The fact of the matter is, "Surgeons are very busy people, being asked to do more and more with less and less time, see more patients," Healy says. "It's a whole different system than many of us are used to."
Weiner repeats a phrase he attributed to organizational consultant Charles Dwyer: "Never expect anyone to engage in a behavior that serves your values unless you give that person adequate reason to do so.” That means getting enough data to show them that not getting on board with routines, like checklists and time-outs, can result in harm to your patients.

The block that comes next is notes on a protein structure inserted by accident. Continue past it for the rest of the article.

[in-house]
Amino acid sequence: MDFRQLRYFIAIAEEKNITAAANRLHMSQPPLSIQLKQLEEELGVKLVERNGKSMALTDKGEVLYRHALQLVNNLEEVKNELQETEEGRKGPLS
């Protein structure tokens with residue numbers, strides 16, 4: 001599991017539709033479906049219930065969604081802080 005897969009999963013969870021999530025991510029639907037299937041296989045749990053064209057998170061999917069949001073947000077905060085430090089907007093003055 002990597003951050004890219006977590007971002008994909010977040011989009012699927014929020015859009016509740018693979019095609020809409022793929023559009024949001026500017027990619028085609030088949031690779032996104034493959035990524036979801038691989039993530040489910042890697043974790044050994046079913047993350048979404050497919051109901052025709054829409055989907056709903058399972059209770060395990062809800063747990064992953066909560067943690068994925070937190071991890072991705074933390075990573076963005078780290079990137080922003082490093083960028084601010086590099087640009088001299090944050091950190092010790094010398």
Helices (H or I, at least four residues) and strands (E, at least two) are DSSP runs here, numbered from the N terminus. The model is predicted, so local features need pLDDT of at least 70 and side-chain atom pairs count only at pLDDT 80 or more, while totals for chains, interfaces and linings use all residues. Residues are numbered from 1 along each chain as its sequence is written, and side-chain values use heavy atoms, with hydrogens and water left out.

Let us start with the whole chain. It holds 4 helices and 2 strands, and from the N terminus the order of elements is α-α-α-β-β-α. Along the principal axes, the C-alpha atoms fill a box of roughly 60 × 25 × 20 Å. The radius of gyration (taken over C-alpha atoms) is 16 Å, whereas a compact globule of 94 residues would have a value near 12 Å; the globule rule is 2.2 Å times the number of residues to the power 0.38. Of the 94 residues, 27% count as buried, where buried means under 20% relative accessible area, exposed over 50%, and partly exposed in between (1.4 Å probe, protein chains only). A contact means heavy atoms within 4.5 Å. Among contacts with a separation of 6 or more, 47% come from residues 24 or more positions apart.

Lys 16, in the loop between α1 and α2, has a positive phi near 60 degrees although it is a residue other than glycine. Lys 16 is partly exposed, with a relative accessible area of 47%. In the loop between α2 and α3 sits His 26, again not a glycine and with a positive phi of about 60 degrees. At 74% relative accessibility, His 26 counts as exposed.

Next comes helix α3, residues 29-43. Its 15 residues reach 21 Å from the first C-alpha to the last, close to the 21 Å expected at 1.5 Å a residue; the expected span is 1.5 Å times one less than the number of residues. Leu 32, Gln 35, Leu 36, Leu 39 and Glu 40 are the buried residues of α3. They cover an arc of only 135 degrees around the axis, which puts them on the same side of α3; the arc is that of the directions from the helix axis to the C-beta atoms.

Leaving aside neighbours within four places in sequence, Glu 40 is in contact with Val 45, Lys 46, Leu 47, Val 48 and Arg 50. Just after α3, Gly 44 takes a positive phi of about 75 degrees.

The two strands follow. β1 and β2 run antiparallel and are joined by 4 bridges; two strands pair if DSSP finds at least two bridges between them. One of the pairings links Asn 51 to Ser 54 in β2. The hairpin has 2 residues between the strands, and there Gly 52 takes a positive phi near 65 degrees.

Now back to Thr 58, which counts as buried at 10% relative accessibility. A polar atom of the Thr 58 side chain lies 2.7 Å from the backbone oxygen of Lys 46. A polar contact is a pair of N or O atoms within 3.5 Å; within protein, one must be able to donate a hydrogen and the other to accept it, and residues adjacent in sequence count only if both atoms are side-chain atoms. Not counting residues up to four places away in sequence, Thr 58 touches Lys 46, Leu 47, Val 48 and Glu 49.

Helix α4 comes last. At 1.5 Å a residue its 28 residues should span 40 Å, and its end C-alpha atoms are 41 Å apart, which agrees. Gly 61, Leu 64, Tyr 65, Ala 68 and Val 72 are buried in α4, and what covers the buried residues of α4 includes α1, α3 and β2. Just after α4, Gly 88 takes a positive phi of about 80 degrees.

And that's the take-home message. Healy stresses the importance of "getting that surgeon to think they can be part of the solution."
"You can say, 'Joe or Marylou, I need you to help make sure this policy works. How can we make it more effective?' When people are approached this way, I've never seen that fail."
Weiner and Healy encourage quality leaders to set times at the surgeons' convenience to meet, and put themselves in their shoes, doctors who now face many more, and stricter requirements and more demands on their time for less pay.